Waiting game on Novak Djokovic’s visa status stretches into a second week


The fate of Novak Djokovic's run in the 2022 Australian Open remains unclear after he was drawn as the top seed for the grand slam.

The sporting and political storm over the Serbian tennis star's visa is now entering its second week with no certainty yet over his status in Australia.

There is still no word on whether the tennis great will be allowed to stay in the country for the competition, which starts on Monday.

His visa was cancelled on arrival in Melbourne early on Thursday last week because he isn't vaccinated against COVID-19.

After tweeting on January 4 that he was "heading Down Under with an exemption permission", the 34-year-old landed at Melbourne Airport late on Wednesday last week.

Space to play or pause, M to mute, left and right arrows to seek, up and down arrows for volume.WatchDuration: 50 seconds50s Novak Djokovic practises at Rod Laver Arena

But he was detained by Australian Border Force (ABF) officials, who said Djokovic did not meet the entry requirements, and cancelled his visa.

Placed in immigration detention, his visa cancellation was then overturned on appeal.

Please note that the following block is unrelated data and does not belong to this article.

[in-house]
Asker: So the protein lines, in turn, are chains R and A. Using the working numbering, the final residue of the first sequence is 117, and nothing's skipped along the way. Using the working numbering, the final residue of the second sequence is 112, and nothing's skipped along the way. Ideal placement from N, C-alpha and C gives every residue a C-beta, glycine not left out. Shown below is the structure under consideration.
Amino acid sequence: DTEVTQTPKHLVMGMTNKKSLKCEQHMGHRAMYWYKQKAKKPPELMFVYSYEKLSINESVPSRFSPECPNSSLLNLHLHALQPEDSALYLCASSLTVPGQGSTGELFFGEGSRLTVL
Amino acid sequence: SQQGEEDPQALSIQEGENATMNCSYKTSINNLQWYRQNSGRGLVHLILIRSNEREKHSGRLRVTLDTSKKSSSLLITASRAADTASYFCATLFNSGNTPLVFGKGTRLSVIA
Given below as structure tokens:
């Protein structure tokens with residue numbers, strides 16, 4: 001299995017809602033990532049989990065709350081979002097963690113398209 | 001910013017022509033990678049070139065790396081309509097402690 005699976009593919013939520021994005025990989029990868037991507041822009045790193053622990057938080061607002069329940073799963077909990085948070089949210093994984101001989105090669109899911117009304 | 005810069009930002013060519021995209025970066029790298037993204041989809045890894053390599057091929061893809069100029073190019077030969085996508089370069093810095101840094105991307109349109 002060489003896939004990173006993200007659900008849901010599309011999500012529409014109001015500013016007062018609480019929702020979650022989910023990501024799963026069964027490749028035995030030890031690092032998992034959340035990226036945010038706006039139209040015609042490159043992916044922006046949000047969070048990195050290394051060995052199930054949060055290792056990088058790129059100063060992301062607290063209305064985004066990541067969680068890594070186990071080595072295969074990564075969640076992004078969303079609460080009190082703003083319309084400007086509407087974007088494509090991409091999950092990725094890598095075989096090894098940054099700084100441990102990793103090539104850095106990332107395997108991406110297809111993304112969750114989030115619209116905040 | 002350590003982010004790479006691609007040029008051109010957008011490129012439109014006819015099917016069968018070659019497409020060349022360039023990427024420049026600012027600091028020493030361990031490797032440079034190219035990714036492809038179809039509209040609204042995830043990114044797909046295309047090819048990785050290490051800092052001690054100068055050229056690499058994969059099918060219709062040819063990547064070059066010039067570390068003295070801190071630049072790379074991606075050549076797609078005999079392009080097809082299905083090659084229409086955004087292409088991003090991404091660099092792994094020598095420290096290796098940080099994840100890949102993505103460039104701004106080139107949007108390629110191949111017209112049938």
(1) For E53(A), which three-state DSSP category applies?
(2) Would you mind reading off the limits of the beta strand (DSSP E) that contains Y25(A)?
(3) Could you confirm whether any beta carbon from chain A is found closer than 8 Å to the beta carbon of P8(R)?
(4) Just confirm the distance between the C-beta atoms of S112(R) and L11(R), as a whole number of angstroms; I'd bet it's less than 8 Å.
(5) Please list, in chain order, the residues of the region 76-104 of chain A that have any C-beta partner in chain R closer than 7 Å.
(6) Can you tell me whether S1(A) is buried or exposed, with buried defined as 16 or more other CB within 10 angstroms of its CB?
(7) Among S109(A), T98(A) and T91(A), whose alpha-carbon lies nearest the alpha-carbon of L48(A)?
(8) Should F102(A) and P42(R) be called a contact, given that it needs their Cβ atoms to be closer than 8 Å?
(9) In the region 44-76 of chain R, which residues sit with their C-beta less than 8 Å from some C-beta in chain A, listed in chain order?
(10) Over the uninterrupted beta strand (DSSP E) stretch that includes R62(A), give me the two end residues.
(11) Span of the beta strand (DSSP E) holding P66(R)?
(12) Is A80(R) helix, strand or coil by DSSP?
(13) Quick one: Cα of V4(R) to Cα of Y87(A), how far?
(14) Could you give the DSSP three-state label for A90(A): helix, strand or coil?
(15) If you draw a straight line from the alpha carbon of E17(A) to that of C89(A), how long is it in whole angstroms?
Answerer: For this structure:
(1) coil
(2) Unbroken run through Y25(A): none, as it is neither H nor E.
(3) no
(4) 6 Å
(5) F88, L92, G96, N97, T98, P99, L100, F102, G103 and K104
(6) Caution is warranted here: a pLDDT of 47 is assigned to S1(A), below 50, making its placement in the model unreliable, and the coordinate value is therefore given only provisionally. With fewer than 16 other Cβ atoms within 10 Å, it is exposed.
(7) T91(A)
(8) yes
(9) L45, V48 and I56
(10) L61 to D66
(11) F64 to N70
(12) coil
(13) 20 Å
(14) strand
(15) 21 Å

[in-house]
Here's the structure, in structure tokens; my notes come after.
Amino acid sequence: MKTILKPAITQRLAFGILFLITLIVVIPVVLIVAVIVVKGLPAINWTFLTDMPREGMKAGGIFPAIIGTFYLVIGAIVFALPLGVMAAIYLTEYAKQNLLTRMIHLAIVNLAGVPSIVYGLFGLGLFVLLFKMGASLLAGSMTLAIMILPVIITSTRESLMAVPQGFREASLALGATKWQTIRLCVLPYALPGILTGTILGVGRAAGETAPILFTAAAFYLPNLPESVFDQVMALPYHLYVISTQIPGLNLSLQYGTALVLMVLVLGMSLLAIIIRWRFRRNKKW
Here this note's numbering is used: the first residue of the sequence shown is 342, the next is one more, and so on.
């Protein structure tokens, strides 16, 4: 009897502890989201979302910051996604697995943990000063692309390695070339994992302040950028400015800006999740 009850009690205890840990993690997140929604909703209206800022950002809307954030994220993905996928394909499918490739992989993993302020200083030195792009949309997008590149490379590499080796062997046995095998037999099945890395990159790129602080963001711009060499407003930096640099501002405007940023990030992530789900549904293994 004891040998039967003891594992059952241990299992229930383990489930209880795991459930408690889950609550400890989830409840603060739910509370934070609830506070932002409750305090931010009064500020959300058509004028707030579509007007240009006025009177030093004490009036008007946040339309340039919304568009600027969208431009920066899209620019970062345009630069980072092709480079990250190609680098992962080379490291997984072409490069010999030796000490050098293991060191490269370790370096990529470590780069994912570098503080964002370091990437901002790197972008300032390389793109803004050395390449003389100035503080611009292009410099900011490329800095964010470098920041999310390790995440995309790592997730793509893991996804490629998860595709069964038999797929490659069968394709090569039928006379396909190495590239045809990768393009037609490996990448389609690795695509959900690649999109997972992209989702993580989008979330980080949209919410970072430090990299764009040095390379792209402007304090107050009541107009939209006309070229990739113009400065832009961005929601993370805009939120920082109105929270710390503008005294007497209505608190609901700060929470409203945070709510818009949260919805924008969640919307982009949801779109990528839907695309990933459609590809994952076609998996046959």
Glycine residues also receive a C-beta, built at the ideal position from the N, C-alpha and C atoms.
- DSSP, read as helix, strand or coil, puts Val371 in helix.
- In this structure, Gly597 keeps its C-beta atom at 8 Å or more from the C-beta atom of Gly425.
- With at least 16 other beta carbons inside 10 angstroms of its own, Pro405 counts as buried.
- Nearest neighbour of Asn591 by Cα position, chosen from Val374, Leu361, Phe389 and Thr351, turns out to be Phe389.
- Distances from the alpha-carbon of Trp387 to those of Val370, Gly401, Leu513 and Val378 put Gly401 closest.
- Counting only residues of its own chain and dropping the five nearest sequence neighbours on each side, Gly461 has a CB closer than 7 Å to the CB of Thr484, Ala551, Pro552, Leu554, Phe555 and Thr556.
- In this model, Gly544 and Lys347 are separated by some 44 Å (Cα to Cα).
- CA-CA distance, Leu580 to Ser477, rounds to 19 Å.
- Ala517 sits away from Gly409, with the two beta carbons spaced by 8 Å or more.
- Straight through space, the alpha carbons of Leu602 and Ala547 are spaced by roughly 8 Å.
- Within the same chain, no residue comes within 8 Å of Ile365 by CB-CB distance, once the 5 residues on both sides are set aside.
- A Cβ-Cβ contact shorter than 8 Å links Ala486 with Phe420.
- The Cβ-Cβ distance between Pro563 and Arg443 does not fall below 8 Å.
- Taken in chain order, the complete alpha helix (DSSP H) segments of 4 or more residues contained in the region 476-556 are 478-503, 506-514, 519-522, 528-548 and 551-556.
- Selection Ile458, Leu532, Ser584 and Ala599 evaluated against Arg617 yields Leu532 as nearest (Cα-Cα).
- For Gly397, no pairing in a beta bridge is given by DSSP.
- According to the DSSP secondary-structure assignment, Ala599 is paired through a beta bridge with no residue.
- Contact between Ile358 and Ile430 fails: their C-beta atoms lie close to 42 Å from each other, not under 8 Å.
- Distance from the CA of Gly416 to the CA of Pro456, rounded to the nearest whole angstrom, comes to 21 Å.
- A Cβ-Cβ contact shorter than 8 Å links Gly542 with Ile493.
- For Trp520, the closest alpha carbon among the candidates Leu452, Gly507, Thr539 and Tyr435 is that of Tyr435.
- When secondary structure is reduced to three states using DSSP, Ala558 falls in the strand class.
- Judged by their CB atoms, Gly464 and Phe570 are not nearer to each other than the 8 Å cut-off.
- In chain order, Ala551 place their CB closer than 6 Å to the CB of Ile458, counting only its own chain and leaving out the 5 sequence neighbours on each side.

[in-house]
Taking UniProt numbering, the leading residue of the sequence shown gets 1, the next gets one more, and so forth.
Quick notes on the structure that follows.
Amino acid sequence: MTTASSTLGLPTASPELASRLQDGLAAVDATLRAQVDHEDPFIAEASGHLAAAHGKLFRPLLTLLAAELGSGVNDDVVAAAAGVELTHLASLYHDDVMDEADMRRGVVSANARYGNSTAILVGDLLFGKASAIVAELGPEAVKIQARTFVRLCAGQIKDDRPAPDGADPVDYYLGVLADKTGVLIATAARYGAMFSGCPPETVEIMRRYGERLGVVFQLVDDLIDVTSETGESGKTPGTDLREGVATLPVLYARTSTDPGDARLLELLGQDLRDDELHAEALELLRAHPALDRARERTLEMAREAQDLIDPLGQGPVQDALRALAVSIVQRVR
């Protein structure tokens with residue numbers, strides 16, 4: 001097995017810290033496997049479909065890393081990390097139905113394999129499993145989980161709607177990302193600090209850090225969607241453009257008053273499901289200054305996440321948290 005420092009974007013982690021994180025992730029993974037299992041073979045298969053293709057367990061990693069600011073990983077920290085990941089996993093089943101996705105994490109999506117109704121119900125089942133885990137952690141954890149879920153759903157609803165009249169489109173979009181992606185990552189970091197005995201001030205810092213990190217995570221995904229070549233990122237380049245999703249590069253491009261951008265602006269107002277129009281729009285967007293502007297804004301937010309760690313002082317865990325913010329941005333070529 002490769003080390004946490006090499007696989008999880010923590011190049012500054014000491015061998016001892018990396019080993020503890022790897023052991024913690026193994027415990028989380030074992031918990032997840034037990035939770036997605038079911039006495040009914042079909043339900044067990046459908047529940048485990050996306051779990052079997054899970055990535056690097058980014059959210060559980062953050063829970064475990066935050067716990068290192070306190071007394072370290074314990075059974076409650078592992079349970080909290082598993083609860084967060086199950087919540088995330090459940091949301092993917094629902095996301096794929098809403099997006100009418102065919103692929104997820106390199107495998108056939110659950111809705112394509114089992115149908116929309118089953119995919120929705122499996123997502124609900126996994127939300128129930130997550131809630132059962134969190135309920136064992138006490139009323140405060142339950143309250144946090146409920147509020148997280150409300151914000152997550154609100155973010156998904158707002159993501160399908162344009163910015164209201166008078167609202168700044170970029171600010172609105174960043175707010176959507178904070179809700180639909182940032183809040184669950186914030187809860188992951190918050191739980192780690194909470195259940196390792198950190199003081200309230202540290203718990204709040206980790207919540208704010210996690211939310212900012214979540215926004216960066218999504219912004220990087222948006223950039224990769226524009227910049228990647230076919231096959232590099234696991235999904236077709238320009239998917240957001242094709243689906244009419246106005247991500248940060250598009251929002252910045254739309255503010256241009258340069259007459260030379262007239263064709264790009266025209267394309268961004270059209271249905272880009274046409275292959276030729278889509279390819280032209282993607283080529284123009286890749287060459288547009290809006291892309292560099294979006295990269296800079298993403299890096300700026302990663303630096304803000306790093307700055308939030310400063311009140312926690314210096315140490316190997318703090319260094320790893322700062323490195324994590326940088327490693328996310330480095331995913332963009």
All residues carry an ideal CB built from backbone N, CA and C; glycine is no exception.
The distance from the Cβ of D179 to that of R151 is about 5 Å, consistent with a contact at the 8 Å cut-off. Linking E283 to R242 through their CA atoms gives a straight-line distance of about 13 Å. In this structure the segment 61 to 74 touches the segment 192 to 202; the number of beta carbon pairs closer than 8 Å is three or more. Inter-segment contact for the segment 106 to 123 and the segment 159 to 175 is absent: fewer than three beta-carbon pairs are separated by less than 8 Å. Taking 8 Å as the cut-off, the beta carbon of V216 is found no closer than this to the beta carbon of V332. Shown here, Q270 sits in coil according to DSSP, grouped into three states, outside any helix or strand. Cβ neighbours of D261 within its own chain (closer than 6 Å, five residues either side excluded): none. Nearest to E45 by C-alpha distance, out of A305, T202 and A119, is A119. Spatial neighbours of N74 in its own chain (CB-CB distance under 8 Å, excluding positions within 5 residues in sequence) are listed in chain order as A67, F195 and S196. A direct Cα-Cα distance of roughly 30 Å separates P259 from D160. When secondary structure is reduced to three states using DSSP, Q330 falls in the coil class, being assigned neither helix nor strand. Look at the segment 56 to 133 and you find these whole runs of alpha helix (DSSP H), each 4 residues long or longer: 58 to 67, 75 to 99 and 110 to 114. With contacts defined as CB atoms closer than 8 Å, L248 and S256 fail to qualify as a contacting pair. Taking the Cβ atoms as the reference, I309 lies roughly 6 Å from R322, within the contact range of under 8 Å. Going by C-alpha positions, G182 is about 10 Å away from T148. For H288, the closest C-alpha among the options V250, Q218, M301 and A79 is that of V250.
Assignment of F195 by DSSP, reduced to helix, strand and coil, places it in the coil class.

On Monday, Federal Circuit Court Judge Anthony Kelly quashed the visa cancellation and ordered the 34-year-old be released and have his passport returned to him.

Since then, the tennis champion has been waiting to find out if Australia's Immigration Minister Alex Hawke will use his ministerial powers to cancel his visa again.

But Mr Hawke is yet to announce his decision, leaving the tennis world dangling.

Djokovic in Australian Open draw

With the Serb's visa status still up in the air, the Australian Open draw was delayed for more than an hour yesterday without explanation.

But officials are preparing for the start of play on Monday, with or without Djokovic.

The draw proceeded later in the afternoon, and he was drawn against fellow Serb, world number 78 Miomir Kecmanovic in the first round.

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Meanwhile, Djokovic trained at Melbourne's Rod Laver Arena in hot, humid conditions yesterday afternoon, apparently undaunted by the ongoing political and sporting brouhaha.

As the lack of clarity persists, Djokovic's travels before his arrival in Australia and his positive COVID-19 test result on December 16 are being scrutinised.

But as the federal government continues to weigh up whether or not to cancel Djokovic's visa, the Prime Minister yesterday declined to comment on the drawn-out saga.

There had been speculation Scott Morrison would make an announcement on the Serbian star's visa status at a media conference after national cabinet, but there was no update.

"I will refer to Mr Hawke's most recent statement, and that position hasn't changed," Mr Morrison said.

"These are personal ministerial powers able to be exercised by Minister Hawke and I don't propose to make any further comment at this time."

After another day of waiting, word filtered though late yesterday that there would be no decision from Mr Hawke last night, leaving the uncertainty to linger into a second week.

Source: https://www.abc.net.au/news



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